This is an issue of ownership chaining and how that doesn't automatically translate across databases as most people would expect. The following MSDN page has a good explanation of what is going on in this situation:
That article states that in order to get this to work as most would expect, you need to enable "Cross-Database Ownership Chaining". However, this is a security risk, and that article even has a section for "Potential Threats".
The more secure way to extend permissions is by using module signing. Please see my answer on the following Question (here on DBA.SE) for how to remedy this, especially if you don't want to give the user any access to Database B:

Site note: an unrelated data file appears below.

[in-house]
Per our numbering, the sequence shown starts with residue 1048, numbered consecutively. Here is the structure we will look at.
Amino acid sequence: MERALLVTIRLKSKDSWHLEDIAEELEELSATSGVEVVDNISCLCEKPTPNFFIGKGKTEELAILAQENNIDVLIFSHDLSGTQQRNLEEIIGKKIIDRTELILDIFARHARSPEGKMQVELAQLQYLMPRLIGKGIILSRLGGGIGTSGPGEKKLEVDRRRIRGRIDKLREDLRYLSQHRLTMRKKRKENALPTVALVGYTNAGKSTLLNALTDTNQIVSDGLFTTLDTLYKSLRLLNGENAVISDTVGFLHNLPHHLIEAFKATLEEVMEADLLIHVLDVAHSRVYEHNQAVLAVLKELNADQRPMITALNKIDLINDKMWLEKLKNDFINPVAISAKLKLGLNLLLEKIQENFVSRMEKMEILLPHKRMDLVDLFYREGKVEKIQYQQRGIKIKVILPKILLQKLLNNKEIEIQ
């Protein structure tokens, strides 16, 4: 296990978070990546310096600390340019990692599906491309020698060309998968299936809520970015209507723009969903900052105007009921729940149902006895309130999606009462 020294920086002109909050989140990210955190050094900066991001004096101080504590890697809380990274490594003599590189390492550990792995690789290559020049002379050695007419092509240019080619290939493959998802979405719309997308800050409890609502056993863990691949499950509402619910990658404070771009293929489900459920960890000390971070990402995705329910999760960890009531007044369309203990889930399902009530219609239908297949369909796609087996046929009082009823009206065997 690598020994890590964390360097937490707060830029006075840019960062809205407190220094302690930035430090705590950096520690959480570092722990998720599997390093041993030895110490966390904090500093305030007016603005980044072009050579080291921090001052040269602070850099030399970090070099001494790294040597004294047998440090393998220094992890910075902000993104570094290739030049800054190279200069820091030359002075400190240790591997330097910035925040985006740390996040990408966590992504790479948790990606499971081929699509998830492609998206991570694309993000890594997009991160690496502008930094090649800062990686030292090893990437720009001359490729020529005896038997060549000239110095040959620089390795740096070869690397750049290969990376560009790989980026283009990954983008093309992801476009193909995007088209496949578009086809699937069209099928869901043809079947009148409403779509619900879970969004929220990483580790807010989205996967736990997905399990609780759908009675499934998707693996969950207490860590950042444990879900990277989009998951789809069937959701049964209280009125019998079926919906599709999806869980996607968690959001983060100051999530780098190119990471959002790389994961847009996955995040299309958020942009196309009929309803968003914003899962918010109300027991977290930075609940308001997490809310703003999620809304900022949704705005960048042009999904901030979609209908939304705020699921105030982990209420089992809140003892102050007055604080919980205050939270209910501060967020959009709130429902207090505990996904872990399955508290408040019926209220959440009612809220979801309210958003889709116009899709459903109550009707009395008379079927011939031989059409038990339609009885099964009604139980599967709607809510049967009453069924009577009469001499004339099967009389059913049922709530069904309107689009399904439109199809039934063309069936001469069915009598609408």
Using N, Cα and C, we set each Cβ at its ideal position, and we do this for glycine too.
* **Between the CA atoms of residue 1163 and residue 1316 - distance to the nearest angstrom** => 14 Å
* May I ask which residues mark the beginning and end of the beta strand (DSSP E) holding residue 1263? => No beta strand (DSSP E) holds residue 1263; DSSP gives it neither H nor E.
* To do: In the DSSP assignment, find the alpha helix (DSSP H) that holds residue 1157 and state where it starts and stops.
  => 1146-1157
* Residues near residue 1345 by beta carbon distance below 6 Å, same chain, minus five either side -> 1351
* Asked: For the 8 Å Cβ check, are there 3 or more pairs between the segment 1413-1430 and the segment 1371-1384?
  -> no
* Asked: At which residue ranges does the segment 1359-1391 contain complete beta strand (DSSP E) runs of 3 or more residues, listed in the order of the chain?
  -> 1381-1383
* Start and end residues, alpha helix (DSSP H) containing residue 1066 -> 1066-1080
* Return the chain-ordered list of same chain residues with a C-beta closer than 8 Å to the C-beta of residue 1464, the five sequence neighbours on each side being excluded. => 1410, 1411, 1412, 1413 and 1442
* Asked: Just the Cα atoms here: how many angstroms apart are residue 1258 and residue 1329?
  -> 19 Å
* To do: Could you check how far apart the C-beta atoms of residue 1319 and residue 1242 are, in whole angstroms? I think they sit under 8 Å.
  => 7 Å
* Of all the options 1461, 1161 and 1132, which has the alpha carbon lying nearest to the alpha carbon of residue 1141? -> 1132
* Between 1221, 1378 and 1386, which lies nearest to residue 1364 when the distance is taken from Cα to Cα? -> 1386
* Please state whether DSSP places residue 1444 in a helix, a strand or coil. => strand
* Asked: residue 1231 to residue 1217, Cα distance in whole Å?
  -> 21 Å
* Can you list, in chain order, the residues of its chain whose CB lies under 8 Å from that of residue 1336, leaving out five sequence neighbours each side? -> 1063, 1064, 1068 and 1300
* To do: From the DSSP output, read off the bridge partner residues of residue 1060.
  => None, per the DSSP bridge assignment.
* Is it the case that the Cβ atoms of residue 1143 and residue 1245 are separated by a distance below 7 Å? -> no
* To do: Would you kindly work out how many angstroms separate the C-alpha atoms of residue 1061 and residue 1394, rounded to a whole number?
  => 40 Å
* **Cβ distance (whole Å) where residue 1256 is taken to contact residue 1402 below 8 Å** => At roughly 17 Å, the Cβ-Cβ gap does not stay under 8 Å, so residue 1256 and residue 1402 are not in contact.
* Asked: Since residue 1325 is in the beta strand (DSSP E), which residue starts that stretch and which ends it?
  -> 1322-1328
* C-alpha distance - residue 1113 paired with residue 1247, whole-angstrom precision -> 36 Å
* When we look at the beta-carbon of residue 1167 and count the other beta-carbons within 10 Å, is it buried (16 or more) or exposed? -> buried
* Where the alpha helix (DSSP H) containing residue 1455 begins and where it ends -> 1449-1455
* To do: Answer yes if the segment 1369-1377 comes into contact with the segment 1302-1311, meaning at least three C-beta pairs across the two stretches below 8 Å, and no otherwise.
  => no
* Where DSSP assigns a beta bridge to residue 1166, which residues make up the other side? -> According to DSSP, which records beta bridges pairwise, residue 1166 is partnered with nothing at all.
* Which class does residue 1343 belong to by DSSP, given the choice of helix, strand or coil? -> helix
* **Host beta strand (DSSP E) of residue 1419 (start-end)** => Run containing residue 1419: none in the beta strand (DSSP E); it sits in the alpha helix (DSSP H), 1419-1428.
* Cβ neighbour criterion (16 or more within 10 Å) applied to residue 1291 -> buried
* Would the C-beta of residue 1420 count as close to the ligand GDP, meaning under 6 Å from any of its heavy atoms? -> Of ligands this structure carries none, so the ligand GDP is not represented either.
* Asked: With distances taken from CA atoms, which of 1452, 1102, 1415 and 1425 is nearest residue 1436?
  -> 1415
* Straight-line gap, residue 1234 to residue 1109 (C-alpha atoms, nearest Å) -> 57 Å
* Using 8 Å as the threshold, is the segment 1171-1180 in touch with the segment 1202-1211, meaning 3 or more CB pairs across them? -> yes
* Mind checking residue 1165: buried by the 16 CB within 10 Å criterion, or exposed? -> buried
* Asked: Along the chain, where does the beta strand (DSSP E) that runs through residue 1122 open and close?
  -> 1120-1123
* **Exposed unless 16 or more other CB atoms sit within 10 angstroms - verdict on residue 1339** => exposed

stored procedure can select and update tables in other databases - minimal permissions granted
The first time you go through this exercise it might seem terribly complicated, but after a few times it will make enough sense to not seem to bad ;-).